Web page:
But in an interview with The Washington Post before his inauguration, Obama was less committal. Asked whether the bill, which would allow workers to organize more easily, would come to his desk within a year, Obama said, "Let's see what the legislative docket looks like."

Also in his Thursday interview, Biden expressed support for the Buy American proposal, which has ignited a debate internationally over the specter of rising U.S. protectionism. The proposals have particularly alarmed Europeans and Canadians, some of the largest foreign sources of imported steel in the United States, who have spoken out forcefully against the measures over the past two days.

"I don't view that as some of the pure free-traders view it, as a harbinger of protectionism," Biden told CNBC. "I don't buy that at all. So I think it's legitimate to have some portions of Buy American in it."

On Friday, at the lectern in the White House briefing room, press secretary Robert Gibbs said the White House is still reviewing the benefits of Buy American, which is part of the spending bill the House passed Wednesday. "The administration is reviewing that provision," he said. "It understands all of the concerns that have been heard, not only in this room but in newspapers produced both up north and down south. So let us undertake that review, and when we have something to announce as it relates to that review, I will be able to answer any number of your questions related to a review that has not yet currently been done."

But some outsiders were already reacting to Biden's comments.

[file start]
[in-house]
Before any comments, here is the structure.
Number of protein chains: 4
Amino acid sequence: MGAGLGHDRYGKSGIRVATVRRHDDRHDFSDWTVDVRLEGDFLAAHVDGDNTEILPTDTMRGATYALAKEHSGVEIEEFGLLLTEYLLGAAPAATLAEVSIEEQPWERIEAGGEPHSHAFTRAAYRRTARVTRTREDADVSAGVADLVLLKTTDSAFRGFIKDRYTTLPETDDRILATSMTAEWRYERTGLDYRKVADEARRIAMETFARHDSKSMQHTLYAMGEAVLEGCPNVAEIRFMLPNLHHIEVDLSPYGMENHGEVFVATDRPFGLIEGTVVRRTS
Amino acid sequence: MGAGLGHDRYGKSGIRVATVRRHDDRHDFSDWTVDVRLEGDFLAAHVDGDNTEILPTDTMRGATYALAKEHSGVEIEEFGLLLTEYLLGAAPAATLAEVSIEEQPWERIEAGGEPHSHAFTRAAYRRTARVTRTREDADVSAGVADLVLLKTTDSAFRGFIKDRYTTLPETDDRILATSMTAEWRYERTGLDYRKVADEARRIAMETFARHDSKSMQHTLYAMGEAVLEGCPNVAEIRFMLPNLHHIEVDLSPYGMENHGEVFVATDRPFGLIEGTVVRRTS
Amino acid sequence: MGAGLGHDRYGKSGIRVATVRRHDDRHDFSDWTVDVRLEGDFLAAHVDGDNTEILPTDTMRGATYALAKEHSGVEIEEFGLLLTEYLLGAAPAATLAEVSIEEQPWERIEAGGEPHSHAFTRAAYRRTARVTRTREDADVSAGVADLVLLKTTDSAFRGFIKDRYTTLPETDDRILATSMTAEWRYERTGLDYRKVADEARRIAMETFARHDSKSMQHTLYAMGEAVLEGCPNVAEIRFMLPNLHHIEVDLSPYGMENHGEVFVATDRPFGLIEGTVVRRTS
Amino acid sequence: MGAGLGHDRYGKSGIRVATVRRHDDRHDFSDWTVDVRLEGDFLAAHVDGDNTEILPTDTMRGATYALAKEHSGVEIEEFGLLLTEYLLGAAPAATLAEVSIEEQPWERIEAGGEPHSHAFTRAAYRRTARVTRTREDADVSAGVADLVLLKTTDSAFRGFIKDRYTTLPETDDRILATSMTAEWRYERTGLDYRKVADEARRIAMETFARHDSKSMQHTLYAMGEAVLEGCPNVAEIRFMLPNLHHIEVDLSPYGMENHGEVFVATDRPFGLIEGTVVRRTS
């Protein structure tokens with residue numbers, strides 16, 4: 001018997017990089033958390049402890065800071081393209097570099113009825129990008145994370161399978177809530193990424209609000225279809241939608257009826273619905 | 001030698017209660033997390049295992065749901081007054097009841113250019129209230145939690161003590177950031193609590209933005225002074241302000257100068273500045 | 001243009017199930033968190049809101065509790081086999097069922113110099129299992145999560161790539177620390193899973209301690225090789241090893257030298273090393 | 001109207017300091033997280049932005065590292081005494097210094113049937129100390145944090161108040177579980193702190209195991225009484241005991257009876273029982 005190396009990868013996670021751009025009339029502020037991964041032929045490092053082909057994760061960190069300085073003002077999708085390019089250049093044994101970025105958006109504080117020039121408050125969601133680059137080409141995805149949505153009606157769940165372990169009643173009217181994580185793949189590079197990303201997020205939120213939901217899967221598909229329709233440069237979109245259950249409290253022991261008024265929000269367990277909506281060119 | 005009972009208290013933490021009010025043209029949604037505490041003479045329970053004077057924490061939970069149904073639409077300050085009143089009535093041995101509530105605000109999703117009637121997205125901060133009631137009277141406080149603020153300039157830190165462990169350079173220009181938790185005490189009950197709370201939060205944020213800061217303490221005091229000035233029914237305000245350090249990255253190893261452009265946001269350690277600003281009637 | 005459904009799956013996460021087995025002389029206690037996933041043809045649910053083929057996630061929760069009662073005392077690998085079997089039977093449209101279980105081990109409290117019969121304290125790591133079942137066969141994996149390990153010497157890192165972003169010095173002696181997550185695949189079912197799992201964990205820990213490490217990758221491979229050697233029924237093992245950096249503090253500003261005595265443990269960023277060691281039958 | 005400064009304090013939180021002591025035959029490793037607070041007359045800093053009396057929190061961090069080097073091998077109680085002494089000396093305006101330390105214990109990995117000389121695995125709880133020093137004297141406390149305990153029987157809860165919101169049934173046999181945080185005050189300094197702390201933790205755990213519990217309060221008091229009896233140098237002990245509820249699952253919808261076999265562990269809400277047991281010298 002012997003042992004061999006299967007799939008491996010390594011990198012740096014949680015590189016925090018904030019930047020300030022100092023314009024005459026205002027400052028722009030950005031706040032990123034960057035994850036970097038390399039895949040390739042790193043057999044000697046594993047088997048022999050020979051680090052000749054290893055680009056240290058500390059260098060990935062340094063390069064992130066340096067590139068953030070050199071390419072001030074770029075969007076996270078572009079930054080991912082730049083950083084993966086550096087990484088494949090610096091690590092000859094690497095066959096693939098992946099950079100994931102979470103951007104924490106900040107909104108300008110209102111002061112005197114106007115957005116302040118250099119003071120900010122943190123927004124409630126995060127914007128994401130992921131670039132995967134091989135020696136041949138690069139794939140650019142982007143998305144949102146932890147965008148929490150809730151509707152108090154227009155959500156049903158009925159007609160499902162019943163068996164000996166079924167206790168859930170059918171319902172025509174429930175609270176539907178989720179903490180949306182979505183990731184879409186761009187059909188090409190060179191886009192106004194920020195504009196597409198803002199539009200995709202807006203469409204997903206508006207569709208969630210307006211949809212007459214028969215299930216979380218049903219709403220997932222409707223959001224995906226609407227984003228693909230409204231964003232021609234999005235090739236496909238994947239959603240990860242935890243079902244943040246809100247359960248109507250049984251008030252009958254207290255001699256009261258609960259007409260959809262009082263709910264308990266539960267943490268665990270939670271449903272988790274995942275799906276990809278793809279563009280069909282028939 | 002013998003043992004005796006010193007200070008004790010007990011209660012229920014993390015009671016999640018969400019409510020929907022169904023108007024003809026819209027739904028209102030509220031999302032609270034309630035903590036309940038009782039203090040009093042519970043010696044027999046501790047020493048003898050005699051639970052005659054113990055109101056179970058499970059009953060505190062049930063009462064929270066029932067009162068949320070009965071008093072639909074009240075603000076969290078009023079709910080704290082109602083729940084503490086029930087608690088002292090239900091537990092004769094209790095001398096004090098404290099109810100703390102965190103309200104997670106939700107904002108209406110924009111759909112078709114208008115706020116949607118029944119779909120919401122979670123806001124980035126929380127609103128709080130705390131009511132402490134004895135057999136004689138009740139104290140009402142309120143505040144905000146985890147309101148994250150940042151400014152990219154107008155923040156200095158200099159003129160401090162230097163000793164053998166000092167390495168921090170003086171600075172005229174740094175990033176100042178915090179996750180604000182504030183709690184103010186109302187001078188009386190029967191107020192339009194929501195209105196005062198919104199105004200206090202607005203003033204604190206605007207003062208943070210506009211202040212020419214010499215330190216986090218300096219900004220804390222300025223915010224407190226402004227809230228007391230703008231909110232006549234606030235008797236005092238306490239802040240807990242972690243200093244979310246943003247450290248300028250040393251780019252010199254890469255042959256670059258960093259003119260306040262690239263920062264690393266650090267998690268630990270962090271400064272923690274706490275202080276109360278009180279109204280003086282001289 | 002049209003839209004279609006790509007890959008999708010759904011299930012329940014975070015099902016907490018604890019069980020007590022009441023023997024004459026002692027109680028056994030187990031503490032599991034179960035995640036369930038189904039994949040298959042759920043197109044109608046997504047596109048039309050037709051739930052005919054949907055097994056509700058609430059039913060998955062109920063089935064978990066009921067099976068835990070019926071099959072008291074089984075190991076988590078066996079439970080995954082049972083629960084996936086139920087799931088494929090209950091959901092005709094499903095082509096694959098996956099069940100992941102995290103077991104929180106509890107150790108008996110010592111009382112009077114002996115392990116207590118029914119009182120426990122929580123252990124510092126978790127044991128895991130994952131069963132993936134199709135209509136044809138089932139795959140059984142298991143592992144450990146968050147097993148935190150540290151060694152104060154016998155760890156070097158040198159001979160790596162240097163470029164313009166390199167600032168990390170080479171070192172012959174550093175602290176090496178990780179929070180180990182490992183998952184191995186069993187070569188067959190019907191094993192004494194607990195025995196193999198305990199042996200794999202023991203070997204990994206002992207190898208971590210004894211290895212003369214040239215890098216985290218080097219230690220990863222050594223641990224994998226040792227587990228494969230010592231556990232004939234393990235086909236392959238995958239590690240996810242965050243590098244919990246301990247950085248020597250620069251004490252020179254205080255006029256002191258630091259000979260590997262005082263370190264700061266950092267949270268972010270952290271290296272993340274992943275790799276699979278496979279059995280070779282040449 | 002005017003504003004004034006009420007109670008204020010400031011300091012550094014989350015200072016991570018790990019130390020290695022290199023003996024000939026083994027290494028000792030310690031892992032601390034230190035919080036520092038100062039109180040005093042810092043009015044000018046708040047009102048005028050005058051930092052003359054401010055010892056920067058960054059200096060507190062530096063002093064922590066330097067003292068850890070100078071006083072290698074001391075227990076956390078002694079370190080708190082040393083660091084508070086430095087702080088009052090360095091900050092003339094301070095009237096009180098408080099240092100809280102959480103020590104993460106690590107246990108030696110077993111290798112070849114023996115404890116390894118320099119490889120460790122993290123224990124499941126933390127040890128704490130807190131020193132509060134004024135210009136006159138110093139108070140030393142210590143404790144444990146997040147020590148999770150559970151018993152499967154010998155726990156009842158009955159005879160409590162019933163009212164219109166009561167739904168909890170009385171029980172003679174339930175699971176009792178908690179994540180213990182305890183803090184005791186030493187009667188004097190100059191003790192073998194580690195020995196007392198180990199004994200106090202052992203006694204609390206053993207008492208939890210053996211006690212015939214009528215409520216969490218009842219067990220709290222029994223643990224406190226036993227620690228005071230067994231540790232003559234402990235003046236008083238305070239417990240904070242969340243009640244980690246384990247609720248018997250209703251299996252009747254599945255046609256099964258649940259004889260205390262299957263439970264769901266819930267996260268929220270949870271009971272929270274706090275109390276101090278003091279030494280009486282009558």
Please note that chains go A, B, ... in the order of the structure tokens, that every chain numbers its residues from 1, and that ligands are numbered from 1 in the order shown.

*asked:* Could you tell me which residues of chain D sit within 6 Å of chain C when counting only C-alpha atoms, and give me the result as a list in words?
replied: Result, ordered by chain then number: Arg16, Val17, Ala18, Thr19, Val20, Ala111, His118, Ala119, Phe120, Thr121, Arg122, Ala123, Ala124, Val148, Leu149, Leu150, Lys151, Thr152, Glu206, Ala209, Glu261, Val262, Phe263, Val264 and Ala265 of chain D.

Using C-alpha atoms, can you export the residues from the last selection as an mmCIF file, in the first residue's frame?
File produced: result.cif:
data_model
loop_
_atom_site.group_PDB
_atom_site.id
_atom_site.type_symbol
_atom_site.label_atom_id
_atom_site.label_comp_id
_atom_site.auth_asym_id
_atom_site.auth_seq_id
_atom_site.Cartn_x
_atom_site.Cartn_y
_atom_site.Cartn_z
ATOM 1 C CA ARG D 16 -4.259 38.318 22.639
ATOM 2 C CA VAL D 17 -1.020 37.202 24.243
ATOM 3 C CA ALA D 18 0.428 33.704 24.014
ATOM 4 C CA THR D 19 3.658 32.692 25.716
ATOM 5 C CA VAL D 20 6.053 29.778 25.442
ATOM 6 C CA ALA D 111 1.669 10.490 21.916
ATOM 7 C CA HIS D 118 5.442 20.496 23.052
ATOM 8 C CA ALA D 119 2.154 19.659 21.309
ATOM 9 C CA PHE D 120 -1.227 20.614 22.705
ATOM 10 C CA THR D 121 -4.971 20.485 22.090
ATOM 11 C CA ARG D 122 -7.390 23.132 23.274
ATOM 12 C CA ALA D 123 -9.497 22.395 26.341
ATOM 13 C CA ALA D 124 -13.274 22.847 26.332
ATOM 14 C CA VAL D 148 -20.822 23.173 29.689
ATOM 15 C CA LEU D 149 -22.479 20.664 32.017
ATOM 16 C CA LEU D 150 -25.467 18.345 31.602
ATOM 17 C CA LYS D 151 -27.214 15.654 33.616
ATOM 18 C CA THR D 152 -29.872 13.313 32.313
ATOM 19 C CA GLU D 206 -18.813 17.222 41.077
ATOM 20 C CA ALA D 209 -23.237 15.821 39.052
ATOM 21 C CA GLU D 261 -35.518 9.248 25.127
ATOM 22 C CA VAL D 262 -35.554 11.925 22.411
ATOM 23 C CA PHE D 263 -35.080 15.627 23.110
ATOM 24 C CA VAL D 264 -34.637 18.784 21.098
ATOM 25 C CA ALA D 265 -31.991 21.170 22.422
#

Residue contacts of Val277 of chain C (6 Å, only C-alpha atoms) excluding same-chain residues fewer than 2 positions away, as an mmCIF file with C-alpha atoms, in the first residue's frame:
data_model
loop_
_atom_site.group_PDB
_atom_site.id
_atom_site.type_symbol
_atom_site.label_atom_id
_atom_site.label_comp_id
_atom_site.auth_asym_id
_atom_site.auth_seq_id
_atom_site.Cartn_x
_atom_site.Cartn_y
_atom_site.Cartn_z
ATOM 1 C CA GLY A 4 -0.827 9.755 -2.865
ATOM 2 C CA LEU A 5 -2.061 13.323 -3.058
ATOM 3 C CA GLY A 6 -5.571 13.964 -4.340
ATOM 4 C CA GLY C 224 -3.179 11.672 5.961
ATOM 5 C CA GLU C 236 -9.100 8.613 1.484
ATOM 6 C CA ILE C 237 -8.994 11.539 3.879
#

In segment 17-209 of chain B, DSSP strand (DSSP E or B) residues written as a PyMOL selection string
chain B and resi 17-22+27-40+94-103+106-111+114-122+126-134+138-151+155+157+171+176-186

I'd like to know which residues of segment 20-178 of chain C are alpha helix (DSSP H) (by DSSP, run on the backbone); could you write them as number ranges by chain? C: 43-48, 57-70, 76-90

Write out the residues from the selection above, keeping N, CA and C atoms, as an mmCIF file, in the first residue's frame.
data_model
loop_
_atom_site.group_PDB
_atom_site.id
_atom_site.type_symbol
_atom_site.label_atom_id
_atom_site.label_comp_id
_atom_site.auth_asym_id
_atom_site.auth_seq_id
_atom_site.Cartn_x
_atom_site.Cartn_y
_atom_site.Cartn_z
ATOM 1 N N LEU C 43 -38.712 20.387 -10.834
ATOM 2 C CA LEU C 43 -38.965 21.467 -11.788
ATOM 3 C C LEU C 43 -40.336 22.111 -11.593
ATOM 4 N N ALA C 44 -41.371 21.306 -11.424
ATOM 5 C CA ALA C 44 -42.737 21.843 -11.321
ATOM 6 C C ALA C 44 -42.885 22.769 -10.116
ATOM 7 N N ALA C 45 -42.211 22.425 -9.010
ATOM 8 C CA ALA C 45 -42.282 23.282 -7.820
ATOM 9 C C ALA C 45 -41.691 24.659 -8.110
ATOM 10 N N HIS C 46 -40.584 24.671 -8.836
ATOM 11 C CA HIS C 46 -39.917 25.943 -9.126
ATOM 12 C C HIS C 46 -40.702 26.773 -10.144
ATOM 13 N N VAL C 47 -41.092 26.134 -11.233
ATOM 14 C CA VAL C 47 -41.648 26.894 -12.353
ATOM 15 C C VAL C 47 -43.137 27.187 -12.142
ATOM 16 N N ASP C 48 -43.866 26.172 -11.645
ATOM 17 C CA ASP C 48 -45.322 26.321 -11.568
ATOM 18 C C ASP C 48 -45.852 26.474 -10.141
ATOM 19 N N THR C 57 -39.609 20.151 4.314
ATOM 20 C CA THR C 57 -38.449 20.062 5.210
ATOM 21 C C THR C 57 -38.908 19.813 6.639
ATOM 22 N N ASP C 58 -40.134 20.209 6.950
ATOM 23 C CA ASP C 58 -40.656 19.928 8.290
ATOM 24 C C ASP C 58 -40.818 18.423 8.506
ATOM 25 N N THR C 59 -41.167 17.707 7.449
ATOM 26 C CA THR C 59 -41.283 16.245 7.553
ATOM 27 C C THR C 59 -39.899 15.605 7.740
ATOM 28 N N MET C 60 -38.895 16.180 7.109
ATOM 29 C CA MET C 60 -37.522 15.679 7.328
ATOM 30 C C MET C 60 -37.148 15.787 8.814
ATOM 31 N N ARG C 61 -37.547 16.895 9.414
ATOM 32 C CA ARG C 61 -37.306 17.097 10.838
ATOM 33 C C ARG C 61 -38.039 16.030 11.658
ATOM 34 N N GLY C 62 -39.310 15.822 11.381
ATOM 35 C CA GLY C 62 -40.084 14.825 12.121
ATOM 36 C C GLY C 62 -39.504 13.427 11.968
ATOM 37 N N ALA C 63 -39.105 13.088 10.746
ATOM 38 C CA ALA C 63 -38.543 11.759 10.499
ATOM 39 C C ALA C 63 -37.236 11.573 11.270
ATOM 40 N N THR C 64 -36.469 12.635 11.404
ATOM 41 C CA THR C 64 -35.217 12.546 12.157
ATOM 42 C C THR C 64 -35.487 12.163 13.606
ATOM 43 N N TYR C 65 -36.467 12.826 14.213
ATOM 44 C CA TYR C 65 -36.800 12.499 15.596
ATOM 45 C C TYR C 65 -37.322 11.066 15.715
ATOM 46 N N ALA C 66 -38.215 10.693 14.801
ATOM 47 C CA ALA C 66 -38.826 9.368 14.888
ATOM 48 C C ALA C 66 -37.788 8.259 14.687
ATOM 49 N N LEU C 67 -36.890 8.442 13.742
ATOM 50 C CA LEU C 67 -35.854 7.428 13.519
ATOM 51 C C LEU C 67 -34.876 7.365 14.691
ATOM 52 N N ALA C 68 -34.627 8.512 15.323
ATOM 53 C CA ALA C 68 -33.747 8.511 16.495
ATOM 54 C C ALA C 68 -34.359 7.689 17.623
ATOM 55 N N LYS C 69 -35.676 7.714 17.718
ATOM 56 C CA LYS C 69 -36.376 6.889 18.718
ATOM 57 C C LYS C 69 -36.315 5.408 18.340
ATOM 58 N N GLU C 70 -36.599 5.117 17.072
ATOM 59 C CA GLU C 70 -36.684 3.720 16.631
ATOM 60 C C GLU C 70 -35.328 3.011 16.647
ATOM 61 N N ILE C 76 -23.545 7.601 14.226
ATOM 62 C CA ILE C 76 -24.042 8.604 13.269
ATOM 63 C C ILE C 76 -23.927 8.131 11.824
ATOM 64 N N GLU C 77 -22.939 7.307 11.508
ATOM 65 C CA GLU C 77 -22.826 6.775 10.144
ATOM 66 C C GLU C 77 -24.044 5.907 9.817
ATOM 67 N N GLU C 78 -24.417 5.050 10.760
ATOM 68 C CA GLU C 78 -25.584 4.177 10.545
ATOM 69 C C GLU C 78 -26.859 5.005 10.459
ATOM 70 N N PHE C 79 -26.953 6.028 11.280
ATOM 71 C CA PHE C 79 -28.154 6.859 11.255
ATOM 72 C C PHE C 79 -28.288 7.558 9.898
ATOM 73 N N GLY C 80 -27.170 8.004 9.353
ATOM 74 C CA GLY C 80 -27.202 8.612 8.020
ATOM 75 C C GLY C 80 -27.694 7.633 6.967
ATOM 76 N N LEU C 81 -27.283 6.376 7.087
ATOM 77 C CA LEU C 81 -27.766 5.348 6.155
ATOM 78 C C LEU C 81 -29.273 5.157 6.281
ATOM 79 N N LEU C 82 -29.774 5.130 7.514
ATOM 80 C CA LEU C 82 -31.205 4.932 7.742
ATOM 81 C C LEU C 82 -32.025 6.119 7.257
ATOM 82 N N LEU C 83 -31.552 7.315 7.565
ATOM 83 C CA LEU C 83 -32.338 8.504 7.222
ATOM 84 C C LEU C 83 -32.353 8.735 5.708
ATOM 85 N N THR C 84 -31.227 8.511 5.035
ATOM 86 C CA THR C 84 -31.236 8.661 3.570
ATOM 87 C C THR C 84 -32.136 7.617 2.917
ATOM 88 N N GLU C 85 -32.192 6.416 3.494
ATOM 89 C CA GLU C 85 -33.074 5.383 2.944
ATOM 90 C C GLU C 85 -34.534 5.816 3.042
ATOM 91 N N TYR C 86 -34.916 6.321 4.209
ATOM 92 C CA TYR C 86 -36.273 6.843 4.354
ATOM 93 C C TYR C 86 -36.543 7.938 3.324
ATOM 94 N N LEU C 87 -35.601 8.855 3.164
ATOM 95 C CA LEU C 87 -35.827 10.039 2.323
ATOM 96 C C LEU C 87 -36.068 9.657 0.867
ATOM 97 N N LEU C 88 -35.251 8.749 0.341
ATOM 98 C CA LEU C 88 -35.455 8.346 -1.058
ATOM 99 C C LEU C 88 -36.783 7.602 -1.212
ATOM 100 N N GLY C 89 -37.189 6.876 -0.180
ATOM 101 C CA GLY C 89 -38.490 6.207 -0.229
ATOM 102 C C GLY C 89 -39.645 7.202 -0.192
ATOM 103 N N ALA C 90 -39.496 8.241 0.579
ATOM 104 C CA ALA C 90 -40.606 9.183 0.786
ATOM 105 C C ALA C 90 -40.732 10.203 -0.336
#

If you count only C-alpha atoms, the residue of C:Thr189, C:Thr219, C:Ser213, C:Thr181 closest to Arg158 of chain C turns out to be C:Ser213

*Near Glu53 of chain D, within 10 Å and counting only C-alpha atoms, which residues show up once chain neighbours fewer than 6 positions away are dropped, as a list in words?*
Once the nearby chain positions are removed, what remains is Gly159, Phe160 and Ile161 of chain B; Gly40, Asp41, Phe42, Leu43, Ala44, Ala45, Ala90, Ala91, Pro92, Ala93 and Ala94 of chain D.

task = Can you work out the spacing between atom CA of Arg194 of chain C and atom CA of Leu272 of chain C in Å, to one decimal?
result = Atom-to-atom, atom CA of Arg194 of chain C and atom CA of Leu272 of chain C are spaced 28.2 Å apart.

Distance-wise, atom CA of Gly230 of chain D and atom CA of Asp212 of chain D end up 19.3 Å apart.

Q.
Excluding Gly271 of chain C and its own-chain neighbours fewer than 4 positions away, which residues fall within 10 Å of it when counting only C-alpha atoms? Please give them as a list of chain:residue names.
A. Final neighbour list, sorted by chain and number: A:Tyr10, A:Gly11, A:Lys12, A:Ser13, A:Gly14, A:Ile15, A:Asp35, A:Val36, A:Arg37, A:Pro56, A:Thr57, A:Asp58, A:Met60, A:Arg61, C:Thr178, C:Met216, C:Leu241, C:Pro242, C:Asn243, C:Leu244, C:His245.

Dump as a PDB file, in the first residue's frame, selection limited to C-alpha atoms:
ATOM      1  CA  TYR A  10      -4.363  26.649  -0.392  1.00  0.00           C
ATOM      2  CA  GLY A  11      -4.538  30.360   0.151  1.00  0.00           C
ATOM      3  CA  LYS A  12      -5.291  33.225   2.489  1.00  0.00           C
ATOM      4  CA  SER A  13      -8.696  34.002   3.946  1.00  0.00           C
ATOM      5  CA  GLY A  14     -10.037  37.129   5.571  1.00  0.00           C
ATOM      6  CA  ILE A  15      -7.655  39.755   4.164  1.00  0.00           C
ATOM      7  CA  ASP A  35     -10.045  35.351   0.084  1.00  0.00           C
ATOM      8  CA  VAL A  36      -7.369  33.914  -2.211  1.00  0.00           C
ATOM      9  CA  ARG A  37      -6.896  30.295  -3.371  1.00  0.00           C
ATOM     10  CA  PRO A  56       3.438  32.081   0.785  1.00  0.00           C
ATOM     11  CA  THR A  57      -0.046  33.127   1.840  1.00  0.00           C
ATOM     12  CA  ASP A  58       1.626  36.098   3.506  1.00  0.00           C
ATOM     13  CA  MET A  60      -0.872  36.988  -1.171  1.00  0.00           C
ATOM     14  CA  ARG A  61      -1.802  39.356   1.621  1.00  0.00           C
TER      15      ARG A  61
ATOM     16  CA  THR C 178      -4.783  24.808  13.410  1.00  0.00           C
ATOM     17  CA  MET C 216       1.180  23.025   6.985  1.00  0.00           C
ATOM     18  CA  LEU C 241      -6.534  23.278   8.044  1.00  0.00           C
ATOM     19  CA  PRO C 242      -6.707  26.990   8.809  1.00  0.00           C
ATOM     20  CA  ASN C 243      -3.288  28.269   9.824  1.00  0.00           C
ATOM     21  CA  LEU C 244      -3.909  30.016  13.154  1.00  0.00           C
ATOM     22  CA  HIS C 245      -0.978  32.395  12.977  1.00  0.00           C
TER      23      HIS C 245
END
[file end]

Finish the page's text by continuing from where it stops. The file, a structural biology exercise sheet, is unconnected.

"I know that countries around the world are expressing grave concern about some of these measures that go against not just the obligations of the United States but, frankly, the spirit of our G20 discussions," Canada's Prime Minister Stephen Harper told the House of Commons in Ottawa on Thursday, according to an official transcript of the meeting. "We will be having these discussions with our friends in the United States and we expect the United States to respect its international obligations."

The provision passed Wednesday by the House as part of the stimulus bill would mostly bar foreign steel and iron from the infrastructure projects laid out by the $819 billion economic package. A Senate version still being considered goes further, requiring, with few exceptions, that all stimulus-funded projects use only American-made equipment and goods.

Biden's comments were hailed by proponents of expanding Buy American provisions, while opponents took heart in indications that Obama may be less supportive. The measure has split U.S. corporate community, with steel, iron and textile manufactures and labor unions strongly supporting a broader Buy American provision. Large U.S. exporters, including General Electric and Caterpillar, have come out strongly against the measure, arguing that it could ignite strong retaliation against American companies overseas.

"Vice President Biden had it right," said Scott Paul, executive director of the District-based Alliance for American Manufacturing, a partnership of the United Steelworkers union, some domestic steel manufacturers and related companies. "Domestic sourcing is not protectionism. It is a long-standing policy of the U.S. government that is completely compliant with our international trade obligations."